Thus began the final, and longest, leg of Haslund’s odyssey, and in many ways the most perilous, requiring all his improvisational skills. He was no longer in touch with his superiors. He lacked a clear picture of where the Germans were. The British had abandoned central Norway, leaving the Germans free to roam at will. In the chaotic, panicked atmosphere then prevailing in Norway, paranoia regarding any strangers ran high. Haslund’s mysterious party, on the other hand, couldn’t say where they were going, where they had come from, or what they were carrying. All this fed suspicions that they were spies, or worse; suspicions that hindered Haslund’s efforts to obtain needed information, supplies, and food along the way. For his part, Haslund didn’t know whom he could trust, given the suspected presence of “Quislings,” Norwegian traitors sympathetic to the Nazis. One false move could easily betray the entire mission. 

The last of the gold was finally loaded aboard the HMS Enterprise on May 24 and transported to safety in England. (IWM FL5389)

In addition to dangers lurking on land, enemy airplanes circled above and enemy ships roamed at sea. With each passing day, and each passing mile northward, the hours of daylight increased, and the crucial protection provided by darkness lessened. In fact, Tromsø, Haslund’s ultimate destination, has no true night after March 27 and before September 17 each year. 

On May 9, 30 frenetic days since Colonel Eriksen’s bold actions bought Norway a few precious hours, Haslund’s two-boat flotilla sailed at last into Tromsø harbor. The gold’s 1,000-plus-mile odyssey, through almost the entire length of Norway, was over. The final 20 tons still needed to be moved—one last time—into the hold of the British light cruiserHMS Enterprise. It marked at least the seventeenth time some or all of Norway’s 58-ton gold reserves had been physically moved. On May 24 Haslund boarded the Enterprise and departed Tromsø along with his gold, reaching the English port of Plymouth five days later. All the gold was now safe.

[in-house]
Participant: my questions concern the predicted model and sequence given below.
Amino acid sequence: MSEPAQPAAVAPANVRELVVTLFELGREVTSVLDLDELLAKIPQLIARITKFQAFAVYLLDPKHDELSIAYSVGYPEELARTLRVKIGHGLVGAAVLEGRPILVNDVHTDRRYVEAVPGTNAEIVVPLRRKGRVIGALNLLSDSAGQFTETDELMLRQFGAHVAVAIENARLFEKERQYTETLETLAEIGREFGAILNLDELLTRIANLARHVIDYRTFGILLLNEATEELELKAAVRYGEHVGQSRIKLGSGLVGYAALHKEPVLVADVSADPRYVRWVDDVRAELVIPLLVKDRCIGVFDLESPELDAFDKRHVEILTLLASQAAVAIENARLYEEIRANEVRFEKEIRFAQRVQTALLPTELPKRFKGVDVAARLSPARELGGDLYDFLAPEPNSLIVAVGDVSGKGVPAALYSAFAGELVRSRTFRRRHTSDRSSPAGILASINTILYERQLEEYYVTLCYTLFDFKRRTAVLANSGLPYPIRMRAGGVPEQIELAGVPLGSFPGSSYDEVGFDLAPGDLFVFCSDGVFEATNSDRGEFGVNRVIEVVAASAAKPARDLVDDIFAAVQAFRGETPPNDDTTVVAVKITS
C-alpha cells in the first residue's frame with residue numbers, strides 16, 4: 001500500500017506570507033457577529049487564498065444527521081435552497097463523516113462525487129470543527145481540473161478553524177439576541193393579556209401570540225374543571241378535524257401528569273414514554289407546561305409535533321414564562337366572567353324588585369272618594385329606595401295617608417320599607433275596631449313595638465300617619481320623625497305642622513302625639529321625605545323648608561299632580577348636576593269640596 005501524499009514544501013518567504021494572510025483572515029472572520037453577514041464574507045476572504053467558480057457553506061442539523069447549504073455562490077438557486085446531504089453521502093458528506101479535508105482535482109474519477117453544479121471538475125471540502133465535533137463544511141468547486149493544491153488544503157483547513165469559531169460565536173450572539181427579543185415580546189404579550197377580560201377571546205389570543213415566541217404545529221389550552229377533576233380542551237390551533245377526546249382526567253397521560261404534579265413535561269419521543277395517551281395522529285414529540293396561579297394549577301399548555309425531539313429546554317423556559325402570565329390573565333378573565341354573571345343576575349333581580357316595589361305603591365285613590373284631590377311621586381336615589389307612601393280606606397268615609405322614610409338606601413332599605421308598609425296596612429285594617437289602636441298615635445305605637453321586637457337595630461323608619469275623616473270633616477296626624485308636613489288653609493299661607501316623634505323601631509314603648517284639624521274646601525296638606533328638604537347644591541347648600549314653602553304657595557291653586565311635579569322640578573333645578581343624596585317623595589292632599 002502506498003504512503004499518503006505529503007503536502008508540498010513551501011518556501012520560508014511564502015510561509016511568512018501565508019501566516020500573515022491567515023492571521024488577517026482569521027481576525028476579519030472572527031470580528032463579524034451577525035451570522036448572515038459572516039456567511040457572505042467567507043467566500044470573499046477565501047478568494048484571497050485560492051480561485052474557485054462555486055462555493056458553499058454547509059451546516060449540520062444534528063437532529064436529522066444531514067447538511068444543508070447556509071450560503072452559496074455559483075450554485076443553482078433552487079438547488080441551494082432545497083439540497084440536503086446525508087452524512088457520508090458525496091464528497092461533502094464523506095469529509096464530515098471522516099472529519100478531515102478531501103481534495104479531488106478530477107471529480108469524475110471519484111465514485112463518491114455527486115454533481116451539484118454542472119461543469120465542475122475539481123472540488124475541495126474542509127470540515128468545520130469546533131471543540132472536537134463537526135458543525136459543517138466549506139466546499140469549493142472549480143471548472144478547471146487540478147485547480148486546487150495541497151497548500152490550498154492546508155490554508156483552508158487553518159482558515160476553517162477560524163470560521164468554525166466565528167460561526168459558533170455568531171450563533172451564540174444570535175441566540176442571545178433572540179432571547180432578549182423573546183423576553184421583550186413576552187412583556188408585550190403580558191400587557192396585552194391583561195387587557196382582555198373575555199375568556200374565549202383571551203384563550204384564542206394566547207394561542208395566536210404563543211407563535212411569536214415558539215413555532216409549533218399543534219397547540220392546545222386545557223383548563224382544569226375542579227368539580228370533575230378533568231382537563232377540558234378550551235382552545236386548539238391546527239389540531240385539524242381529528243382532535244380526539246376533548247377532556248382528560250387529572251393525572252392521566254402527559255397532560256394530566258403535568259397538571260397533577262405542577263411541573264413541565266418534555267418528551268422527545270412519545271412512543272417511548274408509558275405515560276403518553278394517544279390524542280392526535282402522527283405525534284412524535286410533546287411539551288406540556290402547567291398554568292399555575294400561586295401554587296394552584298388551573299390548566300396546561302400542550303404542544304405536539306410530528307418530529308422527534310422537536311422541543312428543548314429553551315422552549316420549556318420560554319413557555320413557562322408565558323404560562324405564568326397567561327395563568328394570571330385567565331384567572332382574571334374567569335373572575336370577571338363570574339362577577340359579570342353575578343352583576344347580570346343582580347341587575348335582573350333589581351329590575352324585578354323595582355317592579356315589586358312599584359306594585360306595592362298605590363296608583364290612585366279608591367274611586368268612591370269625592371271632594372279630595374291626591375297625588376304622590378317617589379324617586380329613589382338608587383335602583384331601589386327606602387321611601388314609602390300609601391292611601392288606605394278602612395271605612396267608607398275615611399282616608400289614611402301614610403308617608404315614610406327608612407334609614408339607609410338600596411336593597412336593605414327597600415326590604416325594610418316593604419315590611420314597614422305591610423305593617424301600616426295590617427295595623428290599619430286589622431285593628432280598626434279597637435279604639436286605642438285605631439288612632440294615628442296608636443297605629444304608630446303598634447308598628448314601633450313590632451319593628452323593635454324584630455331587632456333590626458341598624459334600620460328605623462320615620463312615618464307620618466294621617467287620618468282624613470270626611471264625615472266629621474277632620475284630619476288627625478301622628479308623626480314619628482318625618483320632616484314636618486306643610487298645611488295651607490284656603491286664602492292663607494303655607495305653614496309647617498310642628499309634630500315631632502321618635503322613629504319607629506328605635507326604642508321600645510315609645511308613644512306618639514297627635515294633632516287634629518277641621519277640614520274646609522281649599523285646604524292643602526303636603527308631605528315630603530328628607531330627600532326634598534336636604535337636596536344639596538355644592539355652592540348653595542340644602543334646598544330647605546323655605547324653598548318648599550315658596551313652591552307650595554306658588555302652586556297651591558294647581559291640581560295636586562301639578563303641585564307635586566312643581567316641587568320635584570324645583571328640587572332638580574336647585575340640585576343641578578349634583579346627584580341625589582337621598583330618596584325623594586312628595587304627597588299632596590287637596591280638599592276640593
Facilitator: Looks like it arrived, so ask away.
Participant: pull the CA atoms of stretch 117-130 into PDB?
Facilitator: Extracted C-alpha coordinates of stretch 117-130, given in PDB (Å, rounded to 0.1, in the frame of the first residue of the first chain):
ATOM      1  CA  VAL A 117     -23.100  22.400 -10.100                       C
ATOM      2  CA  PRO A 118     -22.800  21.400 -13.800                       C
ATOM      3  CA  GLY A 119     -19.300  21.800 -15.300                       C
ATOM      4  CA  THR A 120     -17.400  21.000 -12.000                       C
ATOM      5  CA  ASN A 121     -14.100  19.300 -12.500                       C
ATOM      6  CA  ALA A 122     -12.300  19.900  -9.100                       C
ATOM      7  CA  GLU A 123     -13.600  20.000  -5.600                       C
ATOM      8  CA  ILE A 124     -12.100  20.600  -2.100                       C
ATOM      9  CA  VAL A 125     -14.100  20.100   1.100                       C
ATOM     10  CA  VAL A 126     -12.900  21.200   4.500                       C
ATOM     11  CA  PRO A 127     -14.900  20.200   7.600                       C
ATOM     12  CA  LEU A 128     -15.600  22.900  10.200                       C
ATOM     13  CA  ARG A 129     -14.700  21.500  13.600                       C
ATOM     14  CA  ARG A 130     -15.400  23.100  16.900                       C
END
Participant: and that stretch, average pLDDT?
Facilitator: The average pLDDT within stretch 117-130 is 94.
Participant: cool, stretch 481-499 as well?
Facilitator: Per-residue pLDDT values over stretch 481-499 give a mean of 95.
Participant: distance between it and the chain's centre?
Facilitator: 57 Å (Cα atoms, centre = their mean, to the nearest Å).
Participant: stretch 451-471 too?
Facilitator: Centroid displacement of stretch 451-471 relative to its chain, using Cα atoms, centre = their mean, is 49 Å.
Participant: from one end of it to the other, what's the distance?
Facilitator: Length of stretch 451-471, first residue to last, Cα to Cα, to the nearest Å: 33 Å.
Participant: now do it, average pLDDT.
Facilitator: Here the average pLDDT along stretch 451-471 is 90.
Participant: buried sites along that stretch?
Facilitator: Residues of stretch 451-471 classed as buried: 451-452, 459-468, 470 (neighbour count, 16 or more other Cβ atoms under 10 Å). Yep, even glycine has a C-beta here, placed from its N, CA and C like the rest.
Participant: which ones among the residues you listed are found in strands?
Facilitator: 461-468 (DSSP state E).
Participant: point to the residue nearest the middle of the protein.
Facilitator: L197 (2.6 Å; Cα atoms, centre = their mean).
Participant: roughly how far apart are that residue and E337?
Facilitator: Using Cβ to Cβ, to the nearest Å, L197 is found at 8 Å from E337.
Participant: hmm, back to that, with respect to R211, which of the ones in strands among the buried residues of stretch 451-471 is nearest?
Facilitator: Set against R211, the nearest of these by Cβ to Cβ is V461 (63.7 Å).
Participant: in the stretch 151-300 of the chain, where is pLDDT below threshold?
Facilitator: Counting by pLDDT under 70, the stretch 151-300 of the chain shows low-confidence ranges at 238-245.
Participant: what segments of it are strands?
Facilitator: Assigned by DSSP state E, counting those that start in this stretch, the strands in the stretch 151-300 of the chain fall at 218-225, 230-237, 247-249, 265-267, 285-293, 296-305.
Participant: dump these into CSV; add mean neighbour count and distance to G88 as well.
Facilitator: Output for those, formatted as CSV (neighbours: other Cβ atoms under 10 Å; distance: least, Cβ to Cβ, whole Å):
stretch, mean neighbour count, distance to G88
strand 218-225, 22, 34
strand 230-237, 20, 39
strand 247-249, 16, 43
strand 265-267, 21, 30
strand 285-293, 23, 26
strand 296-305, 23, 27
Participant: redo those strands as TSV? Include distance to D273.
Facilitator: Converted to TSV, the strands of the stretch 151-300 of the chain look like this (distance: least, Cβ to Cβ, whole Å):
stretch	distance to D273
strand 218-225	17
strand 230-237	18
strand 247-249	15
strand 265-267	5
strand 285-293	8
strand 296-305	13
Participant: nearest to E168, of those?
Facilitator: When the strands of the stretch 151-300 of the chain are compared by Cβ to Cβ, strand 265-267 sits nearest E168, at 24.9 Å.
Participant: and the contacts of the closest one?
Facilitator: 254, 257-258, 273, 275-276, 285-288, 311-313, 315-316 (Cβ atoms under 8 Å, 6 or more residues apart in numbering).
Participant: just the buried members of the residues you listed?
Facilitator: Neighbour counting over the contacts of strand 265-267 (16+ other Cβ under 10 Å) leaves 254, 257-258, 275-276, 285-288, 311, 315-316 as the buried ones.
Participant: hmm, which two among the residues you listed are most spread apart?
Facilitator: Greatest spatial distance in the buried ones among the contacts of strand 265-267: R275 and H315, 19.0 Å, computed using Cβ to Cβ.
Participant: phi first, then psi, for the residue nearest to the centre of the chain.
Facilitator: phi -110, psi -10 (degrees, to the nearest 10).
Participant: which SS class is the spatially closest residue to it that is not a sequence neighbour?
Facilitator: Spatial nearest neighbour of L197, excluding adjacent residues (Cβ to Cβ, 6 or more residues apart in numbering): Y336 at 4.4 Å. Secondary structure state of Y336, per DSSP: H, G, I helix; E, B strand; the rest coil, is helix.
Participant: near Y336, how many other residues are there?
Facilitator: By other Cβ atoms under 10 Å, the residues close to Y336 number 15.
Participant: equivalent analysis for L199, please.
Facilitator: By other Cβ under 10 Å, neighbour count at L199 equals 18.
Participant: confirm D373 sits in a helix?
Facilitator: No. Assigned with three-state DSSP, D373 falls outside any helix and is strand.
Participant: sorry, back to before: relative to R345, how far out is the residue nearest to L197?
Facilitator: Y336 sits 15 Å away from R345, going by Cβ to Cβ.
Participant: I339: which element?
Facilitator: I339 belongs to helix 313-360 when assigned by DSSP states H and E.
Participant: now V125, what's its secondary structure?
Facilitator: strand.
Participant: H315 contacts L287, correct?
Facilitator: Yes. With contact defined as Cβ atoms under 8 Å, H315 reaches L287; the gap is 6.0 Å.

Norway had won the final round.

Despite being totally unprepared for the Nazis’ sudden onslaught, the Norwegians had somehow accomplished something neither Austria nor Czechoslovakia had. Nor would many of the countries subsequently invaded by Germany succeed in safeguarding their gold reserves, a list that included the Netherlands, Belgium, Luxembourg, Greece, Yugoslavia, Hungary, and Italy. Before Germany was finally defeated, it would seize a total of almost 600 tons of gold from nearly a dozen countries. But it did not get any from Norway. 

Equally impressive, despite the multiple loadings and unloadings, always under chaotic wartime conditions, a mere 297 coins, amounting to a few pounds, were lost during the gold’s laborious trek to safety. 

This remarkable feat represented Nicolai Rygg’s foresight, Birger Eriksen’s intrepidity, and Fredrik Haslund’s resourcefulness. But it also represented the incredible labor and unflagging courage of untold anonymous Norwegians—soldiers, truck drivers, train personnel, puffer crews, farmers, and townspeople—who helped keep the gold always one step ahead of the Germans.

this article first appeared in world war II magazine